professional training to underserved newly independent countries in dire need of
administrative expertise as they emerged from decades of colonialism. In many corners of
the world arbitrary constraining boundaries had been placed on indigenous nationals.
Frank was eager to demonstrate by example and encouragement that in a post colonial
world every student and faculty member could aspire to a doctorate. In May 1963 Frank
and Phyllis were appointed to the American Baptist Foreign Missions Society ABFMS and
were assigned to the Democratic Republic of Congo (later Zaire), a newly independent
country where Frank’s administrative and teaching expertise were sorely needed (at
independence in 1960 there were a few dozen university graduates in a country the size of
The Hendricksons arrived in Congo in the summer of 1965 after a year spent in Brussels
learning French. They were stationed at Milundu Secondary School at Vanga in rural Kwilu
Province, which was then in the throes of the Marxist Mulele Rebellion. Congo was
considered a Cold War ‘hot spot’ and the station at Vanga/Milundu presented a test case
for a new missiology in post conflict peacebuilding. Missionaries who had
been evacuated now began to return to find our station intact and clinics, hospitals, and
schools were ready to reopen. Local Customary chiefs and elders made the decision that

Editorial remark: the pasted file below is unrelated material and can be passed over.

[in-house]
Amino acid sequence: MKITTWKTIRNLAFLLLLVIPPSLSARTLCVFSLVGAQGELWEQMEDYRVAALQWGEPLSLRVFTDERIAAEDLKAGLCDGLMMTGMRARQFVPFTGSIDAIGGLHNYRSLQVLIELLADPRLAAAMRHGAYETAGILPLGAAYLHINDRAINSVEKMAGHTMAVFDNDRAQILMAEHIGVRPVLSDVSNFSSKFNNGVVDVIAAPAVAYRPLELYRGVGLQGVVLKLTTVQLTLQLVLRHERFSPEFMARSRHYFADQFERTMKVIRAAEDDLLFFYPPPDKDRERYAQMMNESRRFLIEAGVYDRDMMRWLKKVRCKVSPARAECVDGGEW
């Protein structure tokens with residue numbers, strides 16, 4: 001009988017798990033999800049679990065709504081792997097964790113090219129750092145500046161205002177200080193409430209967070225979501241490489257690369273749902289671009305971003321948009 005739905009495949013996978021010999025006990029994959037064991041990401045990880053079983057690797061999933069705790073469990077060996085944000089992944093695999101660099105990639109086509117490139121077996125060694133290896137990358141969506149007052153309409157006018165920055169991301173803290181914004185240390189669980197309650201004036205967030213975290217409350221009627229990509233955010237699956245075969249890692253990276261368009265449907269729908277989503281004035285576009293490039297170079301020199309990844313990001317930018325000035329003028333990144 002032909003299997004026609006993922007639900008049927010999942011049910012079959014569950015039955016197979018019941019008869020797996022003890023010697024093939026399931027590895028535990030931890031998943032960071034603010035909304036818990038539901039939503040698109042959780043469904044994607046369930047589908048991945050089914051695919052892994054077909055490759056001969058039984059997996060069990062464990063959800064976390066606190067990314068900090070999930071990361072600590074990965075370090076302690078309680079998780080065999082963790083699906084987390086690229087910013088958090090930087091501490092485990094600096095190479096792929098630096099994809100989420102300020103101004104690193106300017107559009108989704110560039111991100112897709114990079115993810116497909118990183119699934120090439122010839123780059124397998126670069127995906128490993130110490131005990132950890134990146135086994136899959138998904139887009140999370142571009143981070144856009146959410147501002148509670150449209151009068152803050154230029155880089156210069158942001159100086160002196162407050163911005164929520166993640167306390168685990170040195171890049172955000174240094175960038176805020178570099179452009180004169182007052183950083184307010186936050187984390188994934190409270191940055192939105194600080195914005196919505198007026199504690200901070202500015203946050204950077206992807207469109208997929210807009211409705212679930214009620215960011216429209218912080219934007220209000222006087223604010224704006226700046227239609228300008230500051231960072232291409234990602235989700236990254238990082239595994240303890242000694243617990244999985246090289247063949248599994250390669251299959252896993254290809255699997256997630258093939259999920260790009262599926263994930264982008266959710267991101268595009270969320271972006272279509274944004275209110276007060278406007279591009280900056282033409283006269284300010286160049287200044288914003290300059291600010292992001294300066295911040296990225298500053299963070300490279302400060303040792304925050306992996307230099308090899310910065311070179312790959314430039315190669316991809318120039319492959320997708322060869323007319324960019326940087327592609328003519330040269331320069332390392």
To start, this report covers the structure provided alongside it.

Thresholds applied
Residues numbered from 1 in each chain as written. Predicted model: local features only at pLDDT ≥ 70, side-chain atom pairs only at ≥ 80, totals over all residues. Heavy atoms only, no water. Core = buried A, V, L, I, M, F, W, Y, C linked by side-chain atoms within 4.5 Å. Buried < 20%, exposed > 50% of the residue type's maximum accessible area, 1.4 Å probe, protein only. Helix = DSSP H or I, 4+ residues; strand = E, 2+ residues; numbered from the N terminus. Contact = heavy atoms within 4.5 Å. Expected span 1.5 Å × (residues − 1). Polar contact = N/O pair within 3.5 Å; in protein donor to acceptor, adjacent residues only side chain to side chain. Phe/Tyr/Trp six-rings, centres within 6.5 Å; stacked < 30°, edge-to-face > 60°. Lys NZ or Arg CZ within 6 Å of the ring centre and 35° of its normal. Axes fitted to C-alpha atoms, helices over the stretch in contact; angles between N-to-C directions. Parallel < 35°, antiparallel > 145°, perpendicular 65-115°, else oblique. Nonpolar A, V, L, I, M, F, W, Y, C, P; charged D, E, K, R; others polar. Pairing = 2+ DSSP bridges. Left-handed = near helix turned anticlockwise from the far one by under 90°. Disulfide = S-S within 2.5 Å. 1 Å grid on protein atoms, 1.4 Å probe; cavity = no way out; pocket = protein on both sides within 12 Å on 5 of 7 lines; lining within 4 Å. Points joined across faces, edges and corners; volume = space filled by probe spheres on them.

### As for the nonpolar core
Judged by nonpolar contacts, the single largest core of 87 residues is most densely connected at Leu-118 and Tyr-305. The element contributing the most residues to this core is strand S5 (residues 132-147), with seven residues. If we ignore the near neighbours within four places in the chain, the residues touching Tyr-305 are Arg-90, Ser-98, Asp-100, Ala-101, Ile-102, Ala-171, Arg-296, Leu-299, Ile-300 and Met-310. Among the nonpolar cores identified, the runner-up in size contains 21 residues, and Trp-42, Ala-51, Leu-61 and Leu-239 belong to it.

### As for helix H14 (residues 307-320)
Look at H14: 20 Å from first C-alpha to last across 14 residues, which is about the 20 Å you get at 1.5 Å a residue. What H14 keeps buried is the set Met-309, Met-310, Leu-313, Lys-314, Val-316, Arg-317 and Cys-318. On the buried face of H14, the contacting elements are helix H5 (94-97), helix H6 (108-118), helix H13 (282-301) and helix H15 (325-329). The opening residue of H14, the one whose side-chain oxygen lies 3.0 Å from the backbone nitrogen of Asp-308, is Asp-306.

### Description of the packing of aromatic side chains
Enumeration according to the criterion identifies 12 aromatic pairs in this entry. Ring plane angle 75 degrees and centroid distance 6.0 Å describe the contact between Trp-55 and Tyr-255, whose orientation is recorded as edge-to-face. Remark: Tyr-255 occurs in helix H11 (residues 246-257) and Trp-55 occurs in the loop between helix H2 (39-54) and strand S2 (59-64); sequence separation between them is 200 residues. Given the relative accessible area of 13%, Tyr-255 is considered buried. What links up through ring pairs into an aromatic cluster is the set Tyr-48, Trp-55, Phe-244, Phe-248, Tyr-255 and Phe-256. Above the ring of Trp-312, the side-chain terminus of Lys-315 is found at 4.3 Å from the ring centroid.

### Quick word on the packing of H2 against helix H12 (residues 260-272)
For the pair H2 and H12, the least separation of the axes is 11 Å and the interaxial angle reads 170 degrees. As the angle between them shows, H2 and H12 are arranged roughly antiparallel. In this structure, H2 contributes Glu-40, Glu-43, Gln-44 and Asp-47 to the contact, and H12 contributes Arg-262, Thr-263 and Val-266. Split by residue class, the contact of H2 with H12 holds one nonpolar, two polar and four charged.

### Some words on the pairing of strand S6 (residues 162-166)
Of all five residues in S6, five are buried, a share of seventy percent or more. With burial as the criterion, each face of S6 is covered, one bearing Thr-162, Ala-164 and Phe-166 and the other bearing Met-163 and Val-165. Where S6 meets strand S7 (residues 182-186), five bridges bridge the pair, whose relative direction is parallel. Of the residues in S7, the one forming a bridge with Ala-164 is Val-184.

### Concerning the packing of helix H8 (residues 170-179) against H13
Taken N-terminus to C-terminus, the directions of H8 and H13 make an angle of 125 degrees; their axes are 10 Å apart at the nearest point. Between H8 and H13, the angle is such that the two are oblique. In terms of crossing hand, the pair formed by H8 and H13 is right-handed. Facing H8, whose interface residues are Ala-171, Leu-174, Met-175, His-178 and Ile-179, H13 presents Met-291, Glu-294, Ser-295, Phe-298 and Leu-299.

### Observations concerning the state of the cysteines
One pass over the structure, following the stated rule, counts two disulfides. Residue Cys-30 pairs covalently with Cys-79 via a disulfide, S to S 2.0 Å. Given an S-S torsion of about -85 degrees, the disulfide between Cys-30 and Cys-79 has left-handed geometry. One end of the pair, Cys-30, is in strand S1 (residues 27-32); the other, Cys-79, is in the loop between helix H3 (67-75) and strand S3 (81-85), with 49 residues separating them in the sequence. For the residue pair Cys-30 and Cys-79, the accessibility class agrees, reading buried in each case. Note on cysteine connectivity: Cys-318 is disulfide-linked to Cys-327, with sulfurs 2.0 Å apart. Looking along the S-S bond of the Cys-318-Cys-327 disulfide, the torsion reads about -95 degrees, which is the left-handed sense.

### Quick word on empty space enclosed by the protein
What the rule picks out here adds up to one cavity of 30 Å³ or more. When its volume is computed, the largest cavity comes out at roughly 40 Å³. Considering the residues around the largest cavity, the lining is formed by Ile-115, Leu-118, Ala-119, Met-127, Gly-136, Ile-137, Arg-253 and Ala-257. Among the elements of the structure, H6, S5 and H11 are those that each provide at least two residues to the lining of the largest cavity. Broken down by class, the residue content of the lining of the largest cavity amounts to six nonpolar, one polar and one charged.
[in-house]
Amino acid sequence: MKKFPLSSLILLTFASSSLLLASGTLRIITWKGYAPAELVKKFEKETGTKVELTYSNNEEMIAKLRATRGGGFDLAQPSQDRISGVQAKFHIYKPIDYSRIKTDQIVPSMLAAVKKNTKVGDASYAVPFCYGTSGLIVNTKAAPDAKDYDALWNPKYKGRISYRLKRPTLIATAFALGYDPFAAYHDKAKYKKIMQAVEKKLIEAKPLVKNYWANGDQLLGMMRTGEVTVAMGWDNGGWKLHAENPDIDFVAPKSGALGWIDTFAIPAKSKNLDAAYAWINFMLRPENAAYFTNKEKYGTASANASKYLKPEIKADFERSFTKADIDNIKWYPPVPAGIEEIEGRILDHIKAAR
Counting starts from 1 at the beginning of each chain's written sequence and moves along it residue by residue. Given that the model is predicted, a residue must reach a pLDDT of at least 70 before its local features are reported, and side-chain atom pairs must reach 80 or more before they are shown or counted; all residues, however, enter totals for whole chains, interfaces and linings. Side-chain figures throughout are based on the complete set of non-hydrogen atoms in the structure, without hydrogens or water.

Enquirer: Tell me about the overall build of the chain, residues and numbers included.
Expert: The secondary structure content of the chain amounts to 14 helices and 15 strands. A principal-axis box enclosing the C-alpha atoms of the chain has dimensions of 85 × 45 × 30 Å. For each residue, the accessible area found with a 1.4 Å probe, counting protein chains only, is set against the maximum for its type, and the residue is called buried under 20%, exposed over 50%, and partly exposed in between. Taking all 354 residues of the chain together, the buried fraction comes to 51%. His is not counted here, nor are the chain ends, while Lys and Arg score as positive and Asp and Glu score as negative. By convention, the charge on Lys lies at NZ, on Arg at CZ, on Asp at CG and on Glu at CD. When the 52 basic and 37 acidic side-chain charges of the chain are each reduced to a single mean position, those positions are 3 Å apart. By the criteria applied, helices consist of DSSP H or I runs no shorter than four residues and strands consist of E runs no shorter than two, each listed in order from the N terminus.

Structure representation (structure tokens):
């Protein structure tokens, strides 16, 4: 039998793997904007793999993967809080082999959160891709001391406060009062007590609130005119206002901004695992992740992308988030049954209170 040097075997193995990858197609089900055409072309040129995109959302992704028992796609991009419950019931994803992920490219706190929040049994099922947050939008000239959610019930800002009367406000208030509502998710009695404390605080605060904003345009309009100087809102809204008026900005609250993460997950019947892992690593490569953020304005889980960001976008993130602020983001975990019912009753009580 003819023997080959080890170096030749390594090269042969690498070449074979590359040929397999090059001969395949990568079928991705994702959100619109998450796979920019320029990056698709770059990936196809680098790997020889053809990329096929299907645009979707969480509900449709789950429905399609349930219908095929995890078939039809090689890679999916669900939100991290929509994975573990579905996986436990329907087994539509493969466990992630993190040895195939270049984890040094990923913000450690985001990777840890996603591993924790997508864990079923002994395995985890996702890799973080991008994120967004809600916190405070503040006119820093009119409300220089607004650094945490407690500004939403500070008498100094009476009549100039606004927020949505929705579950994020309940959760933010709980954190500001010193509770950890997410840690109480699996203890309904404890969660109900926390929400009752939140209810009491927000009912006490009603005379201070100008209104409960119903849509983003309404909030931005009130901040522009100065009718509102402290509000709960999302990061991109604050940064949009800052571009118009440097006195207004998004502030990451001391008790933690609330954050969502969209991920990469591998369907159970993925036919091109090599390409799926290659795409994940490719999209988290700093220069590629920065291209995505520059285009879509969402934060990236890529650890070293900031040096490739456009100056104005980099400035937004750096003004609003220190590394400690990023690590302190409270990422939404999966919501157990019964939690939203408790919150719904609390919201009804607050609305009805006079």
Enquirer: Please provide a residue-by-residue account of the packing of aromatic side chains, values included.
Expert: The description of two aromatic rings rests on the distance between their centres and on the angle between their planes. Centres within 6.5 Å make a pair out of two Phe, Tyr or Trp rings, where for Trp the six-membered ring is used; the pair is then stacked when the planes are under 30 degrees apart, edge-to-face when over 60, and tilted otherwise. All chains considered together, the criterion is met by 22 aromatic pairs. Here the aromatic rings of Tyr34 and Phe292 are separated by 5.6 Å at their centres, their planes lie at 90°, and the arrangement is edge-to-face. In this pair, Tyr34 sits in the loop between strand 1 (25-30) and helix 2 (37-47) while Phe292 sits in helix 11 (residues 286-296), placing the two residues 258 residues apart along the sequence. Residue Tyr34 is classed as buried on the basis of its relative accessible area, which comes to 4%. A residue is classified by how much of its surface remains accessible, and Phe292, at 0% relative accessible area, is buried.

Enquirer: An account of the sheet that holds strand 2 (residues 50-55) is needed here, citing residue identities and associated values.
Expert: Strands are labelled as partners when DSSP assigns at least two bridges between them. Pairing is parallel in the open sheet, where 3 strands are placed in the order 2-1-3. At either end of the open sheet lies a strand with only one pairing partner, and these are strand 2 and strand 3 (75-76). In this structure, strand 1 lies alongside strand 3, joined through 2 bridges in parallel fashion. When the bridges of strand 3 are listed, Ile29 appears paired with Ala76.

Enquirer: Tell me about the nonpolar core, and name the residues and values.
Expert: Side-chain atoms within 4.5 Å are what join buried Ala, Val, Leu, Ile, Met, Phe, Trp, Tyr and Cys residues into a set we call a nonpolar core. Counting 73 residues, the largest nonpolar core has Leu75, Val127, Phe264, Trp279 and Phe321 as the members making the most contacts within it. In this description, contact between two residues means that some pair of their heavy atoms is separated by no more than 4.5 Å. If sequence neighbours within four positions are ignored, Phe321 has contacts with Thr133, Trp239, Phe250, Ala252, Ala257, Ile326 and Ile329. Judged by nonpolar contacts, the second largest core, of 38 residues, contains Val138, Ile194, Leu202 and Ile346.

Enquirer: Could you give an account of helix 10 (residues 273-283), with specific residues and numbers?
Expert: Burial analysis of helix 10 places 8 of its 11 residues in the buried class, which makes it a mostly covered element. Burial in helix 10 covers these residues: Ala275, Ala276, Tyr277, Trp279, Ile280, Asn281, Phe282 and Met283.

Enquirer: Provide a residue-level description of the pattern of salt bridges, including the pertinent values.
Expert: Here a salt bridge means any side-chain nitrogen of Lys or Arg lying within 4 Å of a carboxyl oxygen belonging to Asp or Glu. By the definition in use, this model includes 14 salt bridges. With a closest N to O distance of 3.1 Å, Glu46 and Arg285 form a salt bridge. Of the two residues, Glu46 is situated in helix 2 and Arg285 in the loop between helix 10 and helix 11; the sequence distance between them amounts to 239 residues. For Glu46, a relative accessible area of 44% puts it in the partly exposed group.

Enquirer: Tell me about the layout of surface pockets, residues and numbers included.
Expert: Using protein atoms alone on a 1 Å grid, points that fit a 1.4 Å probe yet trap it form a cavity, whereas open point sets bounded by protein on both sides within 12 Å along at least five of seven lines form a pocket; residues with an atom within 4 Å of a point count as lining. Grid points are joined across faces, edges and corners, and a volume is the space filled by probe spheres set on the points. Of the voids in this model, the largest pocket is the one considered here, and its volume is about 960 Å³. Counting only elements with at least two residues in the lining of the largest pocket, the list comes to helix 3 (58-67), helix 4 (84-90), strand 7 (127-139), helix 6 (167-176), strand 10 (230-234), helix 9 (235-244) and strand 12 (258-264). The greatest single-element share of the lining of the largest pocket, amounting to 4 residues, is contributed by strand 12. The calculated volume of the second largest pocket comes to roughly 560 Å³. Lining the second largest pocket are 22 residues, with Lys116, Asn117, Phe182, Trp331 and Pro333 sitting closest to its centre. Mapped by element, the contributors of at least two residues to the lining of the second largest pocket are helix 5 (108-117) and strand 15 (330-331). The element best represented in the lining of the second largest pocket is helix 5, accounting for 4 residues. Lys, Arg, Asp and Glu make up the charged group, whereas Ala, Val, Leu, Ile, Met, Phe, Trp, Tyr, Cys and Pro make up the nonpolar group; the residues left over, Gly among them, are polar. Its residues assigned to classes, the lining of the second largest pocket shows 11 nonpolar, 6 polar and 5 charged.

the social services offered by Catholic and Protestant missions offered the greater
prospects for future generations of Congolese. This “buy in” by local leaders was crucial to
what today we call post conflict peacebuilding.
Upon completion of their first overseas term in 1969, the Hendrickson family spent a year
at the University of Wisconsin, Madison where Frank and Phyllis both took courses. It was
in early 1970 that daughter Kym arrived to complete the family after a thorough adoption
process. Frank requested an extended leave of absence from ABFMS to take up a
professorship at Oral Roberts University in Tulsa, OK where during his two years there he
served as student teaching coordinator with local public schools.
In 1972 the Hendricksons returned to the DRC (which had been renamed Zaire) to take on
a new challenge at Institute Nsona Mpangu in today’s Kongo-Central Province. For years
anti-European resentments in the Province led to student unrest, making the school difficult
to operate. Student food riots had led to the shutdown of the school cafeteria; students
living on campus were given a weekly allowance to prepare their own meals. Under the
prevailing circumstances students could not academically perform successfully given the
rigorous Math/Physics/Pedagogy curriculum. Teacher shortages exacerbated morale